There are three sub regions of the prefrontal cortex (PFC) most frequently implicated in depression physio-pathology, namely, the ventromedial PFC, lateral orbital region and dorsolateral region.39 In the ventromedial PFC, the blood flow is increased in depressed subjects showing a reduction in grey matter, with this cortex mediating in theory, the conscious aspects related to pain (physical), anxiety and depressive ruminations.40 The lateral orbital region, which normally suppresses or modulates emotional responses, has increased activity in major depression, maybe to compensate for the excess limbic activity. The dorsolateral PFC shows a decrease in metabolic and grey matter, where this region participates in interconnection with the portion of the dorsal anterior cingulate cortex, in cognitive paths, and is also the core of working memory. Thus, this region mediates apathy, psychomotor retardation and alterations in attention and working memory.41

Several clinical and preclinical studies have reported findings that support these hypotheses, i.e. a decrease in the density of serotonin (5-HT) and NA receptors in the prefrontal cortex and limbic structures, increased levels of MAO in brains of depressed subjects, decreased number of neurons both in the locus coeruleus and dorsal raphe nucleus and increased turnover of 5-HT in depressed individuals.42

The hippocampus, the most studied structure in the context of depression, is especially vulnerable to mechanisms of neurotoxicity induced by stress, due to its "central" location. It is also a mood modulator and crucial to the formation of new memories. The most common dysmorphology in major depression is a reduction in its mass, while some authors have also found changes in its segments or shape, implying a role in depression neu-robiology.39 This seems to confirm the participation of stress in the genesis of depression.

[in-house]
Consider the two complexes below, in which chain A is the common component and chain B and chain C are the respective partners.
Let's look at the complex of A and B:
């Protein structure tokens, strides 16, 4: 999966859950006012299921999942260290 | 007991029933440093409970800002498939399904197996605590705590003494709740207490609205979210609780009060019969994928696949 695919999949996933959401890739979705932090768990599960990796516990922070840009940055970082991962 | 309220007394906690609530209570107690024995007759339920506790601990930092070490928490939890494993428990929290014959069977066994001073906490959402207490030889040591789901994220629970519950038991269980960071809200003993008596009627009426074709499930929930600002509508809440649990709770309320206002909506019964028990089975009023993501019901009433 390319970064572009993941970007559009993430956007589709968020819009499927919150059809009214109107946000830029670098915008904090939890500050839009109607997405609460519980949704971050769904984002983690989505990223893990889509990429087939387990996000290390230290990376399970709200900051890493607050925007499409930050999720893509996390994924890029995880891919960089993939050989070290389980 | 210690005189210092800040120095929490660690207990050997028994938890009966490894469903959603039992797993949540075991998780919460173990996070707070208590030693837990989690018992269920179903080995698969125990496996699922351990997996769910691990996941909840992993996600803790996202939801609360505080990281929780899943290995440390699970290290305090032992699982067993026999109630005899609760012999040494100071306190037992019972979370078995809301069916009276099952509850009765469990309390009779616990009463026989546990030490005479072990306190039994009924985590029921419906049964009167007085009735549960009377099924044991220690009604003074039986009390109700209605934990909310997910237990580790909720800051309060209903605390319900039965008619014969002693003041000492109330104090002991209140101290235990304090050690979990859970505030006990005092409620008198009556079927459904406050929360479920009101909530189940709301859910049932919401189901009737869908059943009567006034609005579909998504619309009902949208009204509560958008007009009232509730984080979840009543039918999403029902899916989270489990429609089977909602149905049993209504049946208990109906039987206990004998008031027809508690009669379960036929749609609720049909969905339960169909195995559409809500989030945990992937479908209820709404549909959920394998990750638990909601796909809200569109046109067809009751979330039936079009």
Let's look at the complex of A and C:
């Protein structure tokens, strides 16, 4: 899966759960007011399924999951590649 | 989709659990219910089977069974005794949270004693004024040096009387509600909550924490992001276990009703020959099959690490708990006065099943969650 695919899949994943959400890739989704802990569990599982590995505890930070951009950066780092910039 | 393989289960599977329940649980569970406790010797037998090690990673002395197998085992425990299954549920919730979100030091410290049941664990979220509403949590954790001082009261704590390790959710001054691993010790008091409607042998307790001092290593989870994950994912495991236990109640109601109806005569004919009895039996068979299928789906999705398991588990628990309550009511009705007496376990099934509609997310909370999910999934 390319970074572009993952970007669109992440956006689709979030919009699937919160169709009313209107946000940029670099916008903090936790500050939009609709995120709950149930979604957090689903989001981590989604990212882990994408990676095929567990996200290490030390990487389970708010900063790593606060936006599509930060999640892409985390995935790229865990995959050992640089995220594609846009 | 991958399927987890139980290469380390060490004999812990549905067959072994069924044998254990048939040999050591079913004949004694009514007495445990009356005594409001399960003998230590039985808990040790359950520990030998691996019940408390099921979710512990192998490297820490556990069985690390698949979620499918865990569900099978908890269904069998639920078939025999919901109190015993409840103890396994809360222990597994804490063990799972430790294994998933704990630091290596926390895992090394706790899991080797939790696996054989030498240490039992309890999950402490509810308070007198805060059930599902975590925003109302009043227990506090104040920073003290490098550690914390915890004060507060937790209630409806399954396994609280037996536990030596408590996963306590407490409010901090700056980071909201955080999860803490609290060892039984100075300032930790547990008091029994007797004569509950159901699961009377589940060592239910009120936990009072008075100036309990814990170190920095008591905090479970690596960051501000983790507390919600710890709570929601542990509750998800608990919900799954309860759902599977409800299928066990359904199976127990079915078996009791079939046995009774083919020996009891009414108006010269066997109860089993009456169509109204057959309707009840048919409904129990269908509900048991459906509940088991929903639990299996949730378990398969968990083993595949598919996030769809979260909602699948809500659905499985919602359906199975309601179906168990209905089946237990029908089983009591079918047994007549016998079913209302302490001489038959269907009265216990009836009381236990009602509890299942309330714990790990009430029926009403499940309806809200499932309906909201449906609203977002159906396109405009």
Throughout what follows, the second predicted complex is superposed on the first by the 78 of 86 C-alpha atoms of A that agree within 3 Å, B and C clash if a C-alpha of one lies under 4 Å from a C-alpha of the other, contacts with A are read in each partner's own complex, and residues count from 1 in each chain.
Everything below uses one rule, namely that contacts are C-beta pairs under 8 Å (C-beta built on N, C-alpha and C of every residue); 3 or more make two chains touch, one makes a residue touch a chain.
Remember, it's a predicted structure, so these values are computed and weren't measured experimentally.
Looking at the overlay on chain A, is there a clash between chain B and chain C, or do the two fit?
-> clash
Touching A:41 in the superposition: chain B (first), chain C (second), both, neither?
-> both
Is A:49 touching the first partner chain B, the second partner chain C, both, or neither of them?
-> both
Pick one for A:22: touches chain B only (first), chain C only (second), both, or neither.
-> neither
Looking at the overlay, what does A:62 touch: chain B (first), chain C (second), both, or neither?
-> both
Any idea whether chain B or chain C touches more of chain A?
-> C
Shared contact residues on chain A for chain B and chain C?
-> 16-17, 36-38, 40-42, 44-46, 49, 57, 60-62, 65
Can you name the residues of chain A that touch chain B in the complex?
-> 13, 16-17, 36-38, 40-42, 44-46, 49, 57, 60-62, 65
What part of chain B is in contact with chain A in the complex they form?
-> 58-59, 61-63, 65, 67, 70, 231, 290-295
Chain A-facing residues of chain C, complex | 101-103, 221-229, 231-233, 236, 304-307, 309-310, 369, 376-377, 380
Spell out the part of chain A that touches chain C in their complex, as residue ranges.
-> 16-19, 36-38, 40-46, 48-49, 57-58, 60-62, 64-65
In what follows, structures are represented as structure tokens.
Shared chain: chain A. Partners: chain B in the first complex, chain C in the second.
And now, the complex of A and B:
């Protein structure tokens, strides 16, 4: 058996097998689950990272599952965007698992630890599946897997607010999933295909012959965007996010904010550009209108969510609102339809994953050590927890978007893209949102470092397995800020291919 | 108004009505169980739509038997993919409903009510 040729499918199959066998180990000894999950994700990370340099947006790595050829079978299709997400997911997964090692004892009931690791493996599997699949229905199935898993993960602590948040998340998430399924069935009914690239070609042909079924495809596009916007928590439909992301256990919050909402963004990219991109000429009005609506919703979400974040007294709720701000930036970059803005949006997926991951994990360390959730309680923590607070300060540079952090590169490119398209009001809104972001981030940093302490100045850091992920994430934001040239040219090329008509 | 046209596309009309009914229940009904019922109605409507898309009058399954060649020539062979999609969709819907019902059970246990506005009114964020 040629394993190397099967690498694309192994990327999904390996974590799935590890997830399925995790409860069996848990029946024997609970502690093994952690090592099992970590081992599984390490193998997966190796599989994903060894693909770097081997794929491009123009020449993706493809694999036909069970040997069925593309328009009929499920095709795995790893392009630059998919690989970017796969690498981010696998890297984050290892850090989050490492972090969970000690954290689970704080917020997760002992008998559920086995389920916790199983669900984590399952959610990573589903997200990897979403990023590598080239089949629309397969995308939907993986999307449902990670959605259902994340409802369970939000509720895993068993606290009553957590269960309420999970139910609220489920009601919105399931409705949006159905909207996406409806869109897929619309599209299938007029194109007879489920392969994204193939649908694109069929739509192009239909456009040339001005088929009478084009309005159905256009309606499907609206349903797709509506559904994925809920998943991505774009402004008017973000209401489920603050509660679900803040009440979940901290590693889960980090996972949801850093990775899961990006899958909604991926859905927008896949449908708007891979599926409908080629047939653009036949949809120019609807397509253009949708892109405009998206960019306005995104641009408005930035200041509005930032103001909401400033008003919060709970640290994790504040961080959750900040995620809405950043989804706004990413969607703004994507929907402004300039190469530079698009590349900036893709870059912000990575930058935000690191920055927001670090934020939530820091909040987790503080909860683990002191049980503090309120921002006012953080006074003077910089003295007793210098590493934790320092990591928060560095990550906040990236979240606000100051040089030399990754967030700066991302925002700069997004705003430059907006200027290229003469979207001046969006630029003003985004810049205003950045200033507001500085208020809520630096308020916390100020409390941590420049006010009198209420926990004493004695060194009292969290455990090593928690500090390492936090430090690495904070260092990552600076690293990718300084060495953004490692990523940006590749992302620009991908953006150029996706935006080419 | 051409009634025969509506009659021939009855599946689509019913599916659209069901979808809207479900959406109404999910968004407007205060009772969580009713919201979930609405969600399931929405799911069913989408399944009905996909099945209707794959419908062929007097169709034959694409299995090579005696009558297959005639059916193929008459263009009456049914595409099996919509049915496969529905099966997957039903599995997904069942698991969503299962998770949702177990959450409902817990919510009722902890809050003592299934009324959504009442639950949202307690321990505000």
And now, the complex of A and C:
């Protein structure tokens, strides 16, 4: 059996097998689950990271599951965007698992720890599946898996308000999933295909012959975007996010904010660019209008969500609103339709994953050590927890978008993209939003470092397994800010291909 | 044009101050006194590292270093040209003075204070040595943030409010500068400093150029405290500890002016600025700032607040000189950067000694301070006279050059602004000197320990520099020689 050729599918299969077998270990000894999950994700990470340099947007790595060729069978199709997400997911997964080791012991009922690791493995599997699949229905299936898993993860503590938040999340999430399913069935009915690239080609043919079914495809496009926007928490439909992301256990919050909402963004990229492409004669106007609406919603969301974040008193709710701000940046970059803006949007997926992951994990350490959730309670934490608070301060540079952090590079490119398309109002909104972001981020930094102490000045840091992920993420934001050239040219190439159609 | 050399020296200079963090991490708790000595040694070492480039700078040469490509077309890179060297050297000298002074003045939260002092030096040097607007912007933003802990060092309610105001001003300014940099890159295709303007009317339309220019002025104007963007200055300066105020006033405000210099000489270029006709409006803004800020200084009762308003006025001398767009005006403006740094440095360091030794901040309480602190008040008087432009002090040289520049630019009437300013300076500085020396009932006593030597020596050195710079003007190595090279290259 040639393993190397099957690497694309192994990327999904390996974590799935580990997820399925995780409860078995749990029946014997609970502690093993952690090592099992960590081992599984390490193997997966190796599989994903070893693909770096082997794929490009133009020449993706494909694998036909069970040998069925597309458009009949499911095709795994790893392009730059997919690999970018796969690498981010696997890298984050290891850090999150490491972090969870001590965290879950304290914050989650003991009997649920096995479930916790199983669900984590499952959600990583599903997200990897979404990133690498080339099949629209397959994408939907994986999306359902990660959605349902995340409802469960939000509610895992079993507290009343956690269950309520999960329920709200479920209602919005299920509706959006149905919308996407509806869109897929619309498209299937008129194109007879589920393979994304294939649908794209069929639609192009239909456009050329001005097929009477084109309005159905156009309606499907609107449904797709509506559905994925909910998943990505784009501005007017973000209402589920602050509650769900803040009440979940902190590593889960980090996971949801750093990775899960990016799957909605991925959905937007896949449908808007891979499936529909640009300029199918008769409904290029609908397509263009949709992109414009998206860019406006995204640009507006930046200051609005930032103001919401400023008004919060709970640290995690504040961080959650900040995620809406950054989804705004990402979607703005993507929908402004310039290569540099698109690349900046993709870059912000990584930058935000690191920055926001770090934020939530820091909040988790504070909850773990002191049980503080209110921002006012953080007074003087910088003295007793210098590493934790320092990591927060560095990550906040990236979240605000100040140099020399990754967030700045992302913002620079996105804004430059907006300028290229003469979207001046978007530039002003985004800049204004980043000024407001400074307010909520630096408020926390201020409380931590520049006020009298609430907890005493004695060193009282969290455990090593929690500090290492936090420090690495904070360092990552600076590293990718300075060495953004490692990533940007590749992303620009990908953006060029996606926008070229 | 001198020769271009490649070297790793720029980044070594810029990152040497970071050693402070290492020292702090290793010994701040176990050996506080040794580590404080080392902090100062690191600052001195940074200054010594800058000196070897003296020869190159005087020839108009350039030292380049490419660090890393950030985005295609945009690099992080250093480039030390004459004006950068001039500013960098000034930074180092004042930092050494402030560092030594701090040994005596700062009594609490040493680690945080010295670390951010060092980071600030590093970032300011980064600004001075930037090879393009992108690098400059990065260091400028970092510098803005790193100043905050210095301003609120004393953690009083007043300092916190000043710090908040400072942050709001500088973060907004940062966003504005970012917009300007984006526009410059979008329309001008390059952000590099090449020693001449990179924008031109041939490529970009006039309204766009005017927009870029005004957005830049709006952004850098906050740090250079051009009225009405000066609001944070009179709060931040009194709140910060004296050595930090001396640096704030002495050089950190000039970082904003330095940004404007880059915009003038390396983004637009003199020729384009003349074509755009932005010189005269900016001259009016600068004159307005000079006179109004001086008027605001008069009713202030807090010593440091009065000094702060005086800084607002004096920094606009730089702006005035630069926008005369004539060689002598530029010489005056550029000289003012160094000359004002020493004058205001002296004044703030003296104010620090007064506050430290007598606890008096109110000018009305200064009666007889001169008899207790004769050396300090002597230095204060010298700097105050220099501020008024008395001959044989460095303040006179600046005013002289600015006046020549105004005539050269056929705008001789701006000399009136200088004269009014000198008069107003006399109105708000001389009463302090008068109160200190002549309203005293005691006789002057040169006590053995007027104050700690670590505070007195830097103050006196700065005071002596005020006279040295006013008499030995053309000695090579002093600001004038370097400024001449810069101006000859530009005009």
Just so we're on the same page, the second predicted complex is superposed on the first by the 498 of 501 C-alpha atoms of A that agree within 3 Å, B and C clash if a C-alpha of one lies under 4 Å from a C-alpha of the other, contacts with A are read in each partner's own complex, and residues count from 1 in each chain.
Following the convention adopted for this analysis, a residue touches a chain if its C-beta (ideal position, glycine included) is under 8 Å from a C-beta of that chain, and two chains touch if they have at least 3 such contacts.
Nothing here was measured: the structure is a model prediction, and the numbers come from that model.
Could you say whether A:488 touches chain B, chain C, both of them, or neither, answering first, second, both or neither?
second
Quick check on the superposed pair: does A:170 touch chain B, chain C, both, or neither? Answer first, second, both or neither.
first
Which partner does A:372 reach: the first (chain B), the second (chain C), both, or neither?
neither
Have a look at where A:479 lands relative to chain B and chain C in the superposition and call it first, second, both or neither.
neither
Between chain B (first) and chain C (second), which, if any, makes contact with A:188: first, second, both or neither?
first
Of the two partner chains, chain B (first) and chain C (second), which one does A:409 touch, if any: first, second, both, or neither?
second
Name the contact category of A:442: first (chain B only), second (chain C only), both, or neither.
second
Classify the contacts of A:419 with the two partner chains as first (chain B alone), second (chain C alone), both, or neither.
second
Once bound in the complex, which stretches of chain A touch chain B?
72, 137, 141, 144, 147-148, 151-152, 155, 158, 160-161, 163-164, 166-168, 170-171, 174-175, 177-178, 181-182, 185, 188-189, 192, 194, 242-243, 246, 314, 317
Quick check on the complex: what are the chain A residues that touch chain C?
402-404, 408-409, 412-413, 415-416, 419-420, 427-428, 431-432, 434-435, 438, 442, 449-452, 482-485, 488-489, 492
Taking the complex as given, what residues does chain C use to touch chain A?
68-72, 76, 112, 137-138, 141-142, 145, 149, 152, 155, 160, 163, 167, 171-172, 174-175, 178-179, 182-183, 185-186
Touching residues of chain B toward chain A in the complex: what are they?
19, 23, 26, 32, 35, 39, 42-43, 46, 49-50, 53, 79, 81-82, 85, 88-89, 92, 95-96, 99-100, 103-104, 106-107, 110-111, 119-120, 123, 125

The fundamental response of stress consists of the corticotropin-releasing hormone (CRH) and the locus coeruleus-noradrenaline system (LC-NA), with the respective effector peripheral extensions: the hypotha-lamic-pituitary-adrenal axis (HPA) and the sympathetic division of the autonomic nervous system, although the latter is not contiguous, but interconnected to the locus coeruleus-noradrenaline system (LC-NA). These two systems influence one another mutually and positively and are also counter-regulated by the hippocampus in prefrontal cortex - both having inhibitory aspects - and by the amygdale, with a stimulatory function. It is the latter that detects and integrates the "stress information" and may trigger the adaptation response through the effector systems.43

A meta-analysis of the genetic studies based on families showed that the relative risk of an individual presenting MD of having an affected first degree relative is 2.8, and that the number of early cases or with multiple depressive episodes tends to rise with an increase in family aggregation of the disorder. Studies of twins with a monozygotic concordance rate of 37%, also suggest that shared genetic heritage has more significance in terms of relative risk than exposure to the same environmental factors in twins that grew up together. In conclusion, although depression is a highly inheritable disorder, with 40-60% of the risk attributed to genetic factors, if the individual has a calm life, he/she may not manifest the disease and in this sense, where stress may be the trigger for the pathology.44